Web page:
Three Lessons on Giving from David Smith

1. Giving without Active Prayer Is Just Wasted Money.

“We give to organisations that depend on active prayer,” says David. As Genesis Foundation has grown to give to more than 150 organizations per annum, David has observed that “the ministries which take prayer seriously simply thrive! It is not rocket science: the most significant strength of a Christian organisation is their chief asset: the active presence of the all-powerful God. We ask ministries, ‘What is the role of prayer in the organisation?’”

“the ministries which take prayer seriously simply thrive!”

So what are some ways ministries can organize themselves for prayer?

David says, “It starts at the top. Some boards have a director for prayer, like you have a treasurer or secretary. Then on the staff you may have a prayer coordinator and staff gathering for weekly or monthly prayer together. Some organize days of prayer & fasting.”

“In meetings,” David says, “it’s a Christian thing to start and end in prayer. That’s good, but what about stopping midstream? What about spontaneous prayer when we encounter a situation? Saying, ‘Let’s pray now.’”

“What’s important about prayer is dependence on God,”

“What’s important about prayer is dependence on God,”

says David. He points out that we are prone to rely on our experience and gifting: “We all think, ‘I’m a good manager. I can do it myself. But as soon as you start thinking and moving mechanically, and not depending on God, then it just won’t thrive.”

David points to Youth for Christ International (YFCI) as an example. “They have a dedicated person, ‘Global Prayer Catalyst,’ whose sole job is to pray and organize prayer across the global movement. They have regular global days of prayer and fasting; they weekly prayer requests. Now it’s 140 countries and growing strongly.”

2. Give for Growth.

 “We want to support growth projects,” says David. “Will it be sustainable at the end of our grant? Ministries we support need to plan to grow to a new level and stay at that level when we back away. So we invest in increased sustainability.”

“The project has to have an income-generation model in it after we leave,” David says. “Their income generation may not be selling things. It could be ‘we’ll rely on donations.’ But if that is a ministry’s income strategy, then they need to be intentional. We make sure they have thought it through and have a written fundraising strategic plan.”

“For some, it’s a fundraising strategy to build regular donors,” says David, “then they will need a good donor database system, like Salesforce, regular newsletters and prayer letters, and must decide who writes them and publishes them. For others, it’s event-based fundraising, which involves different skills.”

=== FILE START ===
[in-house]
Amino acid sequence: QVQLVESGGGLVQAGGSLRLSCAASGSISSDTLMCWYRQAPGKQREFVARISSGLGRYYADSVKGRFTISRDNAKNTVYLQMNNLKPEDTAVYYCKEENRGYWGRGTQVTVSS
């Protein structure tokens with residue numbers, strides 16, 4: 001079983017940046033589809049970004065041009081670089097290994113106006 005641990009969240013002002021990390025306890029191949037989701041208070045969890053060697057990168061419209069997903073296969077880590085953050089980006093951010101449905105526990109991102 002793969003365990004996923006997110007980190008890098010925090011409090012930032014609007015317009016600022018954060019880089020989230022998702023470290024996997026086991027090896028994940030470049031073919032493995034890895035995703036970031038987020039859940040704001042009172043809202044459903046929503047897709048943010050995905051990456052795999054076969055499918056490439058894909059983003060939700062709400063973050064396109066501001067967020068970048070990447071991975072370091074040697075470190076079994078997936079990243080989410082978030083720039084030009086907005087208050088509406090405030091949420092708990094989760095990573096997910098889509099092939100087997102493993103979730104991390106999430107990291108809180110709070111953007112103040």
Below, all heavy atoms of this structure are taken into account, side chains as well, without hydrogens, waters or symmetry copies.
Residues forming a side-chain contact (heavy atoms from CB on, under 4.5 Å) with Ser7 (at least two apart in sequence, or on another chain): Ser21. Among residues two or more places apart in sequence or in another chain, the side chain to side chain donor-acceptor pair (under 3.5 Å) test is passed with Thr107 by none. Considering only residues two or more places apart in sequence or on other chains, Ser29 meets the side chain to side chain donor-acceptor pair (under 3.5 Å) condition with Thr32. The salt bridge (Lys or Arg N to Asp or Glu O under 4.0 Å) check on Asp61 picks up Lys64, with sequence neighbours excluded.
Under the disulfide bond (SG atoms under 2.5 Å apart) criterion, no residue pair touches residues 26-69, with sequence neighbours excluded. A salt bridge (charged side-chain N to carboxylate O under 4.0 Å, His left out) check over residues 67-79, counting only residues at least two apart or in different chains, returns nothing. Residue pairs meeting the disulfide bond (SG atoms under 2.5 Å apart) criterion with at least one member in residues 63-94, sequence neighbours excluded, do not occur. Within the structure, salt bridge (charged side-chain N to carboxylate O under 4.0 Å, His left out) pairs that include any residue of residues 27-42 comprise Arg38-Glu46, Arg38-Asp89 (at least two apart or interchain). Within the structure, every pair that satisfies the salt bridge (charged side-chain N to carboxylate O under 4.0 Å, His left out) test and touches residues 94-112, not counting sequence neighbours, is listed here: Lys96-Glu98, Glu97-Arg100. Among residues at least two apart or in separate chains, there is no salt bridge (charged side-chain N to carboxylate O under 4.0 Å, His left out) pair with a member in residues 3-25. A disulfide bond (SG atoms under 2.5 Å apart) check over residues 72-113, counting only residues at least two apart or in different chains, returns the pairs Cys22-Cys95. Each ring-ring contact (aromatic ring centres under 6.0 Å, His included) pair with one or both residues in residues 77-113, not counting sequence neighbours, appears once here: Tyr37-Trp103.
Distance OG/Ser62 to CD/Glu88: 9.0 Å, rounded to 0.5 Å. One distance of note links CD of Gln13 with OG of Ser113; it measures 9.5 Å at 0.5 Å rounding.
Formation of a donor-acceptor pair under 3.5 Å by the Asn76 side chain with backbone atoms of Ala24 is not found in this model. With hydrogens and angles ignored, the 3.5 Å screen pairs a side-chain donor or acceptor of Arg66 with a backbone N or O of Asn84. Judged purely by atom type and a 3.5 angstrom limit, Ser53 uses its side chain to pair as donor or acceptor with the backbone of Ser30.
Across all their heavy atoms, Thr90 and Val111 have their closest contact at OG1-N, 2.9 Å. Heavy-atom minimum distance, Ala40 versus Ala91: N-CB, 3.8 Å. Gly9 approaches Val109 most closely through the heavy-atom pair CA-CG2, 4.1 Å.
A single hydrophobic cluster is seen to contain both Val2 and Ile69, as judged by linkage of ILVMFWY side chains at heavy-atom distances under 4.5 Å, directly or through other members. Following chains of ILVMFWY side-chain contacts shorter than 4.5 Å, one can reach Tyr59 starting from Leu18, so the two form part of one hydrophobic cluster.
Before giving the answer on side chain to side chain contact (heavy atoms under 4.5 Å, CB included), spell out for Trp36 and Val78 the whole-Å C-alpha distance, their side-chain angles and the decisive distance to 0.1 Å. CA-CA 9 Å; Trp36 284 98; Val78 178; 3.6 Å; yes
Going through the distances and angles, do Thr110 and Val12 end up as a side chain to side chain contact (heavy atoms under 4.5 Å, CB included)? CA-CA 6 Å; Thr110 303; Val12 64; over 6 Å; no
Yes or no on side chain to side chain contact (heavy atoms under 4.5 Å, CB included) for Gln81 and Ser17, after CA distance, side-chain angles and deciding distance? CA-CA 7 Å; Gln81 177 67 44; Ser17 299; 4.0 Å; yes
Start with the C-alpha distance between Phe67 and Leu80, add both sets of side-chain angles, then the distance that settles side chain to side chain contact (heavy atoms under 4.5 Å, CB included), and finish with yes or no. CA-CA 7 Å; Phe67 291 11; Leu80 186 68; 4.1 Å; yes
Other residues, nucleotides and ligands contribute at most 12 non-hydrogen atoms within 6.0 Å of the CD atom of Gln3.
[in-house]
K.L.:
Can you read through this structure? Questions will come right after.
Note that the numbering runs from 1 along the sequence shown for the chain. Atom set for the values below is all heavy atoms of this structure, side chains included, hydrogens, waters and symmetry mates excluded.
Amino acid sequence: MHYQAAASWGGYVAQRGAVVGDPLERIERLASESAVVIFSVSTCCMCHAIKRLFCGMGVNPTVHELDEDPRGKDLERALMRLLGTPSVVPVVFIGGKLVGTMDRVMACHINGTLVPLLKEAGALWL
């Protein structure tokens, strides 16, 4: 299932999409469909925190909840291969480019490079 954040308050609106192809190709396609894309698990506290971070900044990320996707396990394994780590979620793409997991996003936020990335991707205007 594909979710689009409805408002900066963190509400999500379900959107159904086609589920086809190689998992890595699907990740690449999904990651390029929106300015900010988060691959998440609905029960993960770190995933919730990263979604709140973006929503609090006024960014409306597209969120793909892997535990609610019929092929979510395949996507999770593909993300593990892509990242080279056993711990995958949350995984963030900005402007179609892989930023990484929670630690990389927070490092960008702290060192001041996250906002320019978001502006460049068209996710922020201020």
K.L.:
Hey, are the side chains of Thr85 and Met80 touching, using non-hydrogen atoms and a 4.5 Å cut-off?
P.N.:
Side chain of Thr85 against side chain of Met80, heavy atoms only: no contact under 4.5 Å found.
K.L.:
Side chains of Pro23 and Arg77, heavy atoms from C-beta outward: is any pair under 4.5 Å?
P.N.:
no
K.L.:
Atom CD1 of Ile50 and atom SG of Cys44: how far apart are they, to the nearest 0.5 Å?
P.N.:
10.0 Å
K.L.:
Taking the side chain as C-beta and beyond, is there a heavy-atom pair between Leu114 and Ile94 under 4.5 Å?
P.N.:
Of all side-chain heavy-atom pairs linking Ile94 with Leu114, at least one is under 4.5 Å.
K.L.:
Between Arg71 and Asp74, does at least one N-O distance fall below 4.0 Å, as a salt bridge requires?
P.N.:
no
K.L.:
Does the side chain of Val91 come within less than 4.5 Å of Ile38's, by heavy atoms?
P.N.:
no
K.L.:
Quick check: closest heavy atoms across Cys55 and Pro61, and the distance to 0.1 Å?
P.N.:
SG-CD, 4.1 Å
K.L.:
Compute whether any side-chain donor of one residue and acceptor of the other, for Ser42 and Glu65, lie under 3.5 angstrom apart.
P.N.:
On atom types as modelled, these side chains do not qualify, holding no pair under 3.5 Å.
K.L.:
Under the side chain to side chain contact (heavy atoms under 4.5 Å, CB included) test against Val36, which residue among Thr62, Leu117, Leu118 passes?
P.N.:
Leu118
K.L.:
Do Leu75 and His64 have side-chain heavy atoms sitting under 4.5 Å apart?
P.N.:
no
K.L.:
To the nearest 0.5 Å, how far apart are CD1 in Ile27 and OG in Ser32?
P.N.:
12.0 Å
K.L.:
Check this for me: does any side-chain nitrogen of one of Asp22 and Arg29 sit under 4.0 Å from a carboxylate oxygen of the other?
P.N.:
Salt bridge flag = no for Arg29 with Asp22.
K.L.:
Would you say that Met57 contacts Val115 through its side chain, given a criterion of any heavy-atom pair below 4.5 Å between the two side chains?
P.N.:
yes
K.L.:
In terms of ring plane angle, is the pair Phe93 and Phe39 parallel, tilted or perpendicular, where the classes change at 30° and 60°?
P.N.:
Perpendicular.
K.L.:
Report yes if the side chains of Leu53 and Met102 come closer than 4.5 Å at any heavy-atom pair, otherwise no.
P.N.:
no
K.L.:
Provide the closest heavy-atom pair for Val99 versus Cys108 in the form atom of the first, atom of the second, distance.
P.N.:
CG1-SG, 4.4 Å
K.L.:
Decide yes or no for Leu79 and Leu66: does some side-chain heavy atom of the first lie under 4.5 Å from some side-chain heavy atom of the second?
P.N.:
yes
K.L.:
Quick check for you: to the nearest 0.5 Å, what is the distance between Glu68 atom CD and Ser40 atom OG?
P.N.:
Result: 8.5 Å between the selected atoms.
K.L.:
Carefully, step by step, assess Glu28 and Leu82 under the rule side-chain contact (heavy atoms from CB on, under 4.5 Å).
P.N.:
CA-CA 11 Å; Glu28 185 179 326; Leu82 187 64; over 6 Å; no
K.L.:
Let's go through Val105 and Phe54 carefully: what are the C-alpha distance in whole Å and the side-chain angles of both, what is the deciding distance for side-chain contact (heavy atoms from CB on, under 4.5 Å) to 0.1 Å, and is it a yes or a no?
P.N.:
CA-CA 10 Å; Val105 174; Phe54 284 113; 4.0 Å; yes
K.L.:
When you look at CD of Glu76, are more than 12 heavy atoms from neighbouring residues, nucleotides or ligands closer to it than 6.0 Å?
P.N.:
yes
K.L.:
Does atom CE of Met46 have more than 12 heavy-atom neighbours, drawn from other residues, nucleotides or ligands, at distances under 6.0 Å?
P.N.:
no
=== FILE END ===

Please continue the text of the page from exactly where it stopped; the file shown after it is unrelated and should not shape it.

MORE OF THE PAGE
Whatever strategy the ministry chooses, David believes in transparency and reporting on it.

Whatever strategy the ministry chooses, David believes in transparency and reporting on it.

“Accountability is a key piece. they have a plan to grow and we hold them to it: annual reporting to budget before the next grant payment!”

To implement these strategies, David looks for ministries led by people God has gifted.  “We look at management ability,” says David. “Some people are just good managers; they run a good ship. But others are gifted to take it to a whole new space.”

3. Give It All Away!

David believes God calls some foundations to sunset and others to be perpetual. He notes that wealthy Australians have just begun to start private foundations in the last ten years and are still mostly lead by the founders with little experience on how best to (and whether to) pass it on.

“Generally, the kids are not as interested in giving away dad’s money as they would their own,” says David. “They may give out of duty and respect, but not with the passion that the founder had.”

“We started Genesis as a perpetual foundation, but our Lord has patiently taken us to plan to give it all away in our lifetime,” David says, “and, if we are taken to heaven early, there is a plan to distribute all the remainder within five years.”

“Our sons are not that interested in the foundation and do not have the entrepreneurial skills to continue its support of growing ministries,” David says. “If left in the hands of managers, they too are unlikely to have the skills and incentive to continue the work, and only add a large cost line to the accounts!”

“Our Lord will raise up other wealthy givers to fund Kingdom work in the future,” David continues, “it would be arrogant of us to believe He needs ‘our’ money to continue to grow His Kingdom!”


David loves to give to…

Christian presence in schools, including initiatives like Scripture teaching, chaplaincy, school and holiday camps.

“I was born into a family that was not religious,” David says, “but I was sent to a Christian school because it was a ‘good” school! I rejected the teaching about Jesus, until He burst into my life at age 17 by miraculously saving me from my sailing boat being wrecked on rocks.”

In distress, David cried out to God, who immediately acted.

“Without the background of Jesus’s teaching and our school chaplain, I would not have had the framework to even call to Him in my time of need,” says David.

Genesis Foundation expresses that in various ways “We have supported strategic initiatives to promote and continue Scripture teaching in government schools (in class time) in those states that allow it,” David says. “School chaplaincy is supported by our Federal Government in about one third of Australian government schools. We support the necessary structure around that and most schools find their chaplain so valuable, they want extra time!”

Reflecting on his journey, David says, “I came to Jesus on a holiday sailing camp exactly 50 years ago this January 2019! So I have first-hand proof of that strategy, and it still works today!”

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